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Earth

About Earth

Type Rocky planet
Size (diameter) 12,742 km
Mass 5.97 × 1024 kg
Length of a year (orbital period) 365.26 days
Number of moons One: the Moon
Average distance from the Sun 150 million km
Temperature Between -89.2 to 56.7 degrees Celsius

Our home, Earth, as seen from space. (Credit: NASA)

Formation

Scientists believe it took between 10 and 20 million years for Earth to form. The solar system began as a large cloud of gas, dust, and ice that collapsed into a spinning disc. Our Sun was born at its centre, and the planets were created about 4.5 billion years ago from particles sticking together along rings in the disc.

Orbit and rotation

Earth completes one orbit around the Sun in 365.26 days. Since this is a little longer than a regular calendar year of 365 days, one extra day is added every four years; a year with 366 days is called a leap year.

Earth also spins on its axis and completes one rotation per 24 hours. This rotation causes night and day.

Seasons

Earth's tilt causes the seasons as the planet orbits the Sun. (Credit: NASA)

Earth's rotation and orbit are not perfectly perpendicular to each other – an angle of 23.5 degrees exists between the two. This tilt in Earth's rotation causes different parts of the planet's surface to receive varying intensities of sunlight throughout the year, causing the seasons.

When the northern hemisphere is tilted towards the Sun, it is summer in the North and winter in the South. When the southern hemisphere is tilted towards the Sun, it is summer in the South and winter in the North.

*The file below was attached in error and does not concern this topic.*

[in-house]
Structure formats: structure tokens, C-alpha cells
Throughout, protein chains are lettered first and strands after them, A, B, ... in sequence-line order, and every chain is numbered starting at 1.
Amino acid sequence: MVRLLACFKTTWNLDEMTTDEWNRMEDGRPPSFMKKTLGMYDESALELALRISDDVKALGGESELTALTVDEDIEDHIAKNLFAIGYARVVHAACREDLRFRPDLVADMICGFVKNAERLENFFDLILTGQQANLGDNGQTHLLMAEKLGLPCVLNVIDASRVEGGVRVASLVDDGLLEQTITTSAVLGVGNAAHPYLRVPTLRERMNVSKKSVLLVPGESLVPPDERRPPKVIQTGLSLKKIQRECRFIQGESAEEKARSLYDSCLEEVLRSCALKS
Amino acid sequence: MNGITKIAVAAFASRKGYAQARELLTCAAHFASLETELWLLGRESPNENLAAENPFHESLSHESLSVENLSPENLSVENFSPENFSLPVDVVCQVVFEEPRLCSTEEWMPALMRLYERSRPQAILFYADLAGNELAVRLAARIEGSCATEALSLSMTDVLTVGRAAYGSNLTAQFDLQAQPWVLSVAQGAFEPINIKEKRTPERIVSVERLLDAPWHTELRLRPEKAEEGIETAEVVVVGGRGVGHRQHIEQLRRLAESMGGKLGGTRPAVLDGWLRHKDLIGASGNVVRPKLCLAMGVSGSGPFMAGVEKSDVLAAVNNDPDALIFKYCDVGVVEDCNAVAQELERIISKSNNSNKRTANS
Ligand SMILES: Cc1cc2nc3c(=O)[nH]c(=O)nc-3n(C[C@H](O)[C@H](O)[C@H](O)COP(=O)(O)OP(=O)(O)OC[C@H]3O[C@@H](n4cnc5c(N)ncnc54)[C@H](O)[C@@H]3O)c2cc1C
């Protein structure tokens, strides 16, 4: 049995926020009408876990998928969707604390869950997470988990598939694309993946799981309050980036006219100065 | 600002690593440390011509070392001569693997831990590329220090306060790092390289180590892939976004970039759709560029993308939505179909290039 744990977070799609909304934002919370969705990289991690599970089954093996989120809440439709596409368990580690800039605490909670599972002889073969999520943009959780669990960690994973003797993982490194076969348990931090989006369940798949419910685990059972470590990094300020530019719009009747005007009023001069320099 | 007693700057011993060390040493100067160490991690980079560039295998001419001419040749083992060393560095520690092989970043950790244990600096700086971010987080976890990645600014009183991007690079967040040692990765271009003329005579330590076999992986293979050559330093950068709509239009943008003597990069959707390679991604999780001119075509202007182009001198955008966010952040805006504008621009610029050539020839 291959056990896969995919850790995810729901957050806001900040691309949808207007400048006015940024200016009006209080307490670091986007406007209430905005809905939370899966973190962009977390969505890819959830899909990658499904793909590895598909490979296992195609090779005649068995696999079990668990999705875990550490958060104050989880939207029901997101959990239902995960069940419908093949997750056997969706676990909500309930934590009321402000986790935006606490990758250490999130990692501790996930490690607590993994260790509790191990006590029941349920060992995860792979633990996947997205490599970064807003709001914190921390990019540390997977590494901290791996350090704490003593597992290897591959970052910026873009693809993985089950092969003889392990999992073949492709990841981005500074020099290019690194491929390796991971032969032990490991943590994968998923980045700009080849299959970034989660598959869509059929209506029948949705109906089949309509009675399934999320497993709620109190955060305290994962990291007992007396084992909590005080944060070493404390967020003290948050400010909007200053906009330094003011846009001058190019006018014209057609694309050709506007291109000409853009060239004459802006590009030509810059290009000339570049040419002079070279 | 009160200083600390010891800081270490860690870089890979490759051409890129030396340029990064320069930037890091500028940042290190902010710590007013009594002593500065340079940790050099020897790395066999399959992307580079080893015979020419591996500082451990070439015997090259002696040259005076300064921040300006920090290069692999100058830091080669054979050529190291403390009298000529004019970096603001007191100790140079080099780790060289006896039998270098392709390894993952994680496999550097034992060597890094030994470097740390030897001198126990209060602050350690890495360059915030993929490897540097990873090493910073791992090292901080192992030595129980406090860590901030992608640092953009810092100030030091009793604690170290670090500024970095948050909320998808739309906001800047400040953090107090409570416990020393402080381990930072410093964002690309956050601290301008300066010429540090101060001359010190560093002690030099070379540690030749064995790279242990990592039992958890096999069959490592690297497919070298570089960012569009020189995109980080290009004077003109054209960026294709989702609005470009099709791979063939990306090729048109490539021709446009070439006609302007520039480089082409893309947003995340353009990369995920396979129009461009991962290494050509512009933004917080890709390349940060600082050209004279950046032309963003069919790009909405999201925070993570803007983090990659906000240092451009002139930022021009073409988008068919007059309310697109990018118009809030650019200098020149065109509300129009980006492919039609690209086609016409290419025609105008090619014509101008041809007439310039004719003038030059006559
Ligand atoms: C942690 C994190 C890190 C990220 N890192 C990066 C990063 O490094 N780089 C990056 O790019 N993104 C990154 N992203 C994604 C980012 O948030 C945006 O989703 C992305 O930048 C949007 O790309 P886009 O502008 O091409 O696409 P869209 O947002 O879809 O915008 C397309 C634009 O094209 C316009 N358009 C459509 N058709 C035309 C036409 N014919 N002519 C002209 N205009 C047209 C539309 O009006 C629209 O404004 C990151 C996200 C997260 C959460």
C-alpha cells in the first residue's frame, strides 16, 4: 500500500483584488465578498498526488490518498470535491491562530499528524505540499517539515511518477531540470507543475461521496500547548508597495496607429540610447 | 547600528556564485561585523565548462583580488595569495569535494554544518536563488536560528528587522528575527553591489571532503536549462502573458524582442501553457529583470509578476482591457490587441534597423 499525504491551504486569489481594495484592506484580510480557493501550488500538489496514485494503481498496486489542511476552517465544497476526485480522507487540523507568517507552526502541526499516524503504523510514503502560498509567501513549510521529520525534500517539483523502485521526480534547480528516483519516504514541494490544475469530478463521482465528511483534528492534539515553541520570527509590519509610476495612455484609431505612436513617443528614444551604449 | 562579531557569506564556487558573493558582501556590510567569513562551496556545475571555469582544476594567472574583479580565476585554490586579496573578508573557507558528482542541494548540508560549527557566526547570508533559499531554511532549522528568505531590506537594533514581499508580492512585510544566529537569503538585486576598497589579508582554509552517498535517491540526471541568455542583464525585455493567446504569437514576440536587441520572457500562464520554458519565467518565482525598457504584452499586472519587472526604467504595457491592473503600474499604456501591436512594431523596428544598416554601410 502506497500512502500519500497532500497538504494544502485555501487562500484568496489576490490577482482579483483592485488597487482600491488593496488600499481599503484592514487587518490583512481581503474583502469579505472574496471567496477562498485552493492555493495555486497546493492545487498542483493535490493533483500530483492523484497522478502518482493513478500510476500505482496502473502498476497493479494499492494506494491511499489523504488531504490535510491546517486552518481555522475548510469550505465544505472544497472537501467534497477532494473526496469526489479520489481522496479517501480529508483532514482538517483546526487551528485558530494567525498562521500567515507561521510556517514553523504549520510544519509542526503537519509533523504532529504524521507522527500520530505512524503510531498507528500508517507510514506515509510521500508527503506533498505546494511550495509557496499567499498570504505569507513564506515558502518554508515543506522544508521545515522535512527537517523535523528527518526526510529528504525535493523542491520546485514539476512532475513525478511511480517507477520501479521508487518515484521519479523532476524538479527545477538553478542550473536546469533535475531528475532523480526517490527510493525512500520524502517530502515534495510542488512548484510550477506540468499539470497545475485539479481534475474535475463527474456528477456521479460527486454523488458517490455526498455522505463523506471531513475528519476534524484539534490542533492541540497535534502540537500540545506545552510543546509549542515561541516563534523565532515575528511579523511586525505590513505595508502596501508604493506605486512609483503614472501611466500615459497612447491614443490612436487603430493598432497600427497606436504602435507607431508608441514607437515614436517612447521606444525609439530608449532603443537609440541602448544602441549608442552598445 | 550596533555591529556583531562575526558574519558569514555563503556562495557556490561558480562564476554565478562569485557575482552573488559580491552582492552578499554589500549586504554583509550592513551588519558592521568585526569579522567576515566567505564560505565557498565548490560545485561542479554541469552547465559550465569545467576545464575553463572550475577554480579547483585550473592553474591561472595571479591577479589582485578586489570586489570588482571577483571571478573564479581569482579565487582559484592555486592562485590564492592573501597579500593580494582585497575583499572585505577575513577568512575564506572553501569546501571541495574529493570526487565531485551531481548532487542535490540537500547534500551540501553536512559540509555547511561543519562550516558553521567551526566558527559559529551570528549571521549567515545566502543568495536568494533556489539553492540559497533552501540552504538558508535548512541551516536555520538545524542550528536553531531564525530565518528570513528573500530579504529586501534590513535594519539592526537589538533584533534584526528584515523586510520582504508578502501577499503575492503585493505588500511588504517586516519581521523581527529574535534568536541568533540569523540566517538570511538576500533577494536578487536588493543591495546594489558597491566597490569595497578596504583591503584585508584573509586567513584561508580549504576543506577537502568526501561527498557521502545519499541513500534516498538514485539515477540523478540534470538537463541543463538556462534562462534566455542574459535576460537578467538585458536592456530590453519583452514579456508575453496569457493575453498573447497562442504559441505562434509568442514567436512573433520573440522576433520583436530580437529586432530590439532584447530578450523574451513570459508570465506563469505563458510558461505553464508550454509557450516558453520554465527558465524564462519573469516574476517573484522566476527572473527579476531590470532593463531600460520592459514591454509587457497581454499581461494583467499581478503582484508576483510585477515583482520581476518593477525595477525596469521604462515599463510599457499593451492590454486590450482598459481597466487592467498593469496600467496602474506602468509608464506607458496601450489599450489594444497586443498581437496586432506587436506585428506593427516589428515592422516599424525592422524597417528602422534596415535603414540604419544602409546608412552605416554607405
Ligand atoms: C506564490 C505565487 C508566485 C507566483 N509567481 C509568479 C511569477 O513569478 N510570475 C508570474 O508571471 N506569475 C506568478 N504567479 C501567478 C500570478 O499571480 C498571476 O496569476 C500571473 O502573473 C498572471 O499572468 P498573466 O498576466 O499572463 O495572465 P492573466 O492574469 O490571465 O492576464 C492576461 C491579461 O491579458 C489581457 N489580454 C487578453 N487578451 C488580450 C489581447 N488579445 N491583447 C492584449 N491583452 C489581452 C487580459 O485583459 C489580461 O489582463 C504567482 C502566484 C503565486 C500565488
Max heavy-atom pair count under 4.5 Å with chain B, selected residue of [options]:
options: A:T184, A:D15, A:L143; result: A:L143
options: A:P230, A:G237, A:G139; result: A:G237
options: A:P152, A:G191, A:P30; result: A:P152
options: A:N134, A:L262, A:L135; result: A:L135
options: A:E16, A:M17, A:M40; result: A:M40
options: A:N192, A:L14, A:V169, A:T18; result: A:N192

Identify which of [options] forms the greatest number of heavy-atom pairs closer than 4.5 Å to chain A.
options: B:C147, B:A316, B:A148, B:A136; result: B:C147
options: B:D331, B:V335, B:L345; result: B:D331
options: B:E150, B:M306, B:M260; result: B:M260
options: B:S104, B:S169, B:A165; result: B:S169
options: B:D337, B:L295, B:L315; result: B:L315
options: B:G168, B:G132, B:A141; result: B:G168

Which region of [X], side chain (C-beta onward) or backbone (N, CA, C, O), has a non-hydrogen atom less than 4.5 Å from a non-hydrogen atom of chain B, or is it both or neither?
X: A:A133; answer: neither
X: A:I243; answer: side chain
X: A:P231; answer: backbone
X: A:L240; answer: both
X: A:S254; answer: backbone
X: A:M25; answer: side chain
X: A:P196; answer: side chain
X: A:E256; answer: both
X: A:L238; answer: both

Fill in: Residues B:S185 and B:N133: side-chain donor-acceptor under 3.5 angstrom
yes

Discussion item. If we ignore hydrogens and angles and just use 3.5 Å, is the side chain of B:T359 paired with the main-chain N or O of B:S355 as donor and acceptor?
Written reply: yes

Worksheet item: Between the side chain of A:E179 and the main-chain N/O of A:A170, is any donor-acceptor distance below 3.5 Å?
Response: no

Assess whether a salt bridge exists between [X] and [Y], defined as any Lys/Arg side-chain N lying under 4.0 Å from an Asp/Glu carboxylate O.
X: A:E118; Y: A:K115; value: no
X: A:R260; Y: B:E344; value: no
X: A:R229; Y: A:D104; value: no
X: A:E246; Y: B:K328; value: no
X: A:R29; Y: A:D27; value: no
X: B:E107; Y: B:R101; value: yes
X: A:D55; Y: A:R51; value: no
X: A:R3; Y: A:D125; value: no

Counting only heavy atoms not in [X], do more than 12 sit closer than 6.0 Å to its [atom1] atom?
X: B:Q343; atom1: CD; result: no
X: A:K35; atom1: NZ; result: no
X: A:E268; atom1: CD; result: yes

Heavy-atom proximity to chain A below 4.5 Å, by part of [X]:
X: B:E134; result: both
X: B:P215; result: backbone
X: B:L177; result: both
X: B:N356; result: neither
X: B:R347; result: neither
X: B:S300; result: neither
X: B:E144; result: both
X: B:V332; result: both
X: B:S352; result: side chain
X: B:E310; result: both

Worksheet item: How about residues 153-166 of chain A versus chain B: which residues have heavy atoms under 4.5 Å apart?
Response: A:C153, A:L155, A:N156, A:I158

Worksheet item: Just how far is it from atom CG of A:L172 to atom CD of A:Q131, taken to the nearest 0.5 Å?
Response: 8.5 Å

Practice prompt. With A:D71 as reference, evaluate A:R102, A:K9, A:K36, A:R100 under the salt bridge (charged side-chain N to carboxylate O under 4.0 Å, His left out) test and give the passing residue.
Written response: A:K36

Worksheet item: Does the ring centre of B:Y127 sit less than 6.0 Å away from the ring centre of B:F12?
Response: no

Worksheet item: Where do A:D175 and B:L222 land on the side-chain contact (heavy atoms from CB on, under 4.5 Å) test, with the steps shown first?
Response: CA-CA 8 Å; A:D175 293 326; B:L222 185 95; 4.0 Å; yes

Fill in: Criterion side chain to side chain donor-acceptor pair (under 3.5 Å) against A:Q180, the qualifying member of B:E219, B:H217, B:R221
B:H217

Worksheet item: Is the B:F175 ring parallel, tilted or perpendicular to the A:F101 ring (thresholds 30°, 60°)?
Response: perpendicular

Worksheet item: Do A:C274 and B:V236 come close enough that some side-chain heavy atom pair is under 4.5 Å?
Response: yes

Surface

Over two-thirds of Earth's surface is covered in water. The abundance of this important substance plays a crucial role in making Earth the only place in the entire universe that we know with absolute certainty harbours life.

Like all other planets in the solar system, Earth has been subjected to thousands of asteroid impacts throughout its long history. However, the record of these impacts is not easy to find because Earth's surface is constantly changing: our planet's water systems, active plate tectonics, and atmosphere have eroded away key clues about these prehistoric collisions. Despite these forces, some traces are still visible across Canada, like the Manicouagan Crater in this photo taken by astronauts aboard the International Space Station.

Observation

The Canadian Space Agency, NASA and other space agencies around the world observe and study Earth from space. Satellites that orbit our planet, such as Canada's RADARSAT Constellation, have a privileged point of view that enables scientists to study ocean currents, climate change, weather patterns, and more.

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